P Colton Schmidt flourishing in second season

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Colton Schmidt is sprinting barefoot down the street in his Bakersfield, Calif. neighborhood. He's wearing nothing but shorts. It's roughly 7 a.m. in early September, and immediately after getting out of bed, he began running. He's chasing his opportunity to be a punter in the NFL. Literally chasing. He's sprinting after his mother, who is in her car on the way to work. The Bills had just called him about a tryout minutes earlier, and he needs a ride to the airport.

That story is old now. Schmidt is in his second season with the Bills, and he has come into his own as a punter, ranking in the top five in the league in net punting average (fifth with a net of 42.5 yards per punt, up four yards from 2014). Of his 54 punts, only one has gone for a touchback.

But when talking about his improvement, Schmidt doesn't credit it to any special amount of work he put into his game this past offseason—he worked the same way as he always has—he credits the opportunity he got to play for Buffalo just before Week One of the 2014 season.

Schmidt had been cut after Week Three of the preseason by the San Francisco 49ers for the second straight year. At 23 years old, he feared he had missed another window of opportunity to crack into the league. Then Buffalo called, so he grabbed his suitcase—the same one he had with him in San Francisco—and got on the first plane to the Queen City.

The two reasons he's improved so much, according to his logic, are comfortability and repetition. It's his second year with the organization, and it's his second year taking snaps from long snapper Garrison Sanborn, who has become like family to the California kid-punter. Schmidt and Sanborn, along with kickers Dan Carpenter and Jordan Gay, and other members of the Bills team, spent Thanksgiving together.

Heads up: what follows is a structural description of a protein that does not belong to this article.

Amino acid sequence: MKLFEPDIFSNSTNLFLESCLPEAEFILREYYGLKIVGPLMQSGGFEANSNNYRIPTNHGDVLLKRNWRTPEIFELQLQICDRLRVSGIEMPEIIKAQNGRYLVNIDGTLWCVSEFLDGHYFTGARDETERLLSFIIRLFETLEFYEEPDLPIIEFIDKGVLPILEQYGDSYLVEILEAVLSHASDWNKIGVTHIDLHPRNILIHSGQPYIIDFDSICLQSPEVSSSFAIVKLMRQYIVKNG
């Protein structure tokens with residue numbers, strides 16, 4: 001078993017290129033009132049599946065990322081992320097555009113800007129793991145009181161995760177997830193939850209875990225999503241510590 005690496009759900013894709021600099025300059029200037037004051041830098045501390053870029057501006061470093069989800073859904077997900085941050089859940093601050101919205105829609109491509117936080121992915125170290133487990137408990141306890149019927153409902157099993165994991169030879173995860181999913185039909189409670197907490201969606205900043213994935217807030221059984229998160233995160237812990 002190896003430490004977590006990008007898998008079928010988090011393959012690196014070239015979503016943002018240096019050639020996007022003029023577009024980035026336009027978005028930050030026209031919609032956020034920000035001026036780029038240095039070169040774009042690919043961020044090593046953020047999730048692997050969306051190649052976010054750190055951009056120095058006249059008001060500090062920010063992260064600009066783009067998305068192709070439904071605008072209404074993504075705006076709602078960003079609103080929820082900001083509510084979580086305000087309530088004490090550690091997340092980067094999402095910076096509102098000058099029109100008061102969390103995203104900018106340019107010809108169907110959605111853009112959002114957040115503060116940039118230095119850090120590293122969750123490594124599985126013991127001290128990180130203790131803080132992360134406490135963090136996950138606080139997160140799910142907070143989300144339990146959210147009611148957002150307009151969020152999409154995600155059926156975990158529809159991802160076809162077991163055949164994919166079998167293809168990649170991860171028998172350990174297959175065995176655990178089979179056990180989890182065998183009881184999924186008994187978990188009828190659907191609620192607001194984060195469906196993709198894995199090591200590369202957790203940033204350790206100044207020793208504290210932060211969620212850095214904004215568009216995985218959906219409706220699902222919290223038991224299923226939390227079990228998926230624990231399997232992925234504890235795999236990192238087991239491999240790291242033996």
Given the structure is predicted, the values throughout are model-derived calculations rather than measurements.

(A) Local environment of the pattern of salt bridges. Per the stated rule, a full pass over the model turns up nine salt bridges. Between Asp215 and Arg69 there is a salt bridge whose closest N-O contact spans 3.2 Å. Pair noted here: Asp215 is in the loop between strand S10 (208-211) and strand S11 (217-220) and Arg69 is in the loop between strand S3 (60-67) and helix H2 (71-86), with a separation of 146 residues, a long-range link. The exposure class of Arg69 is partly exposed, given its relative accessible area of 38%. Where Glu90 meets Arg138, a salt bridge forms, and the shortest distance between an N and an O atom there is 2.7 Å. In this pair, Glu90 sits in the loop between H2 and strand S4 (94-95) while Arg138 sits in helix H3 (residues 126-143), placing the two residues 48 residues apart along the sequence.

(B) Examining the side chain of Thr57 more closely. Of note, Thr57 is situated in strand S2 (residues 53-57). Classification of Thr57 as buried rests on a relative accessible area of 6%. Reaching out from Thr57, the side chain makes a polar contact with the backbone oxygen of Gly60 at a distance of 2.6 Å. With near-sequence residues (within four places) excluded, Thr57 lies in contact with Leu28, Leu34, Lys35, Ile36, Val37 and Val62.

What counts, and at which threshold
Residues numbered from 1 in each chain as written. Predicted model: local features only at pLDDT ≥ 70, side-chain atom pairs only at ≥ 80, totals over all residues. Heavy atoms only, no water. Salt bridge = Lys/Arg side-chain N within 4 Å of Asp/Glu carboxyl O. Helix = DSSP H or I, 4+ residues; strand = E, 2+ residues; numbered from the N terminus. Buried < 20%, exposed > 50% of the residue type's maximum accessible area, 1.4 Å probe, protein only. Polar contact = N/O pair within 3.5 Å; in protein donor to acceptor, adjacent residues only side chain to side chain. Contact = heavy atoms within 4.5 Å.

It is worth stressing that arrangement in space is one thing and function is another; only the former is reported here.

"We spend a lot of time together, so it's really a blessing that we get along so well, even if there is an age gap between Jordan and myself, and Dan and Garrison. It's nice for me, being from California [and not having family in the area], to be able to go to their house and hang out," said Schmidt. "That helps a lot."

As far as repetition, Schmidt compares punting to golf. All he can do is go out there every day, swinging that pitching wedge of a right leg as often as possible.

"A lot people know what they're supposed to do as far as their golf swing goes when they're driving the ball. Doing it is a whole other thing. It's simple when you lay it out. Like for us, you need to get the ball out flat and swing up, but it doesn't always work that way. In theory, it seems simple. It's just a matter of finding it. It's like a broken record when you ask anyone what you need to do to be a better punter. You'll always hear back, 'Consistency.' You just have to find your own way how to be consistent," he said.

Schmidt is a creature of habit. Of his more peculiar practices is that he takes the equipment bus to the stadium on game days, arriving more than an hour before almost all of his teammates. When his teammates arrive they joke with him, "How was the sunrise?"

Maybe if there was a bus that arrived earlier than the equipment bus, one that arrived at the stadium in time to watch the sun rise, he might take it. And he'd get to the stadium, and he'd do his 45 minutes of stretching, and he'd get his punts in. He'd make himself comfortable, and he'd go out there and continue to put up top-tier punting numbers in the NFL. There isn't a bus that arrives that early, but Schmidt has already proved that he'll do whatever it takes to last in the NFL, whether that means endless repetitions or sprinting barefoot after a car to catch a plane fresh out of bed.

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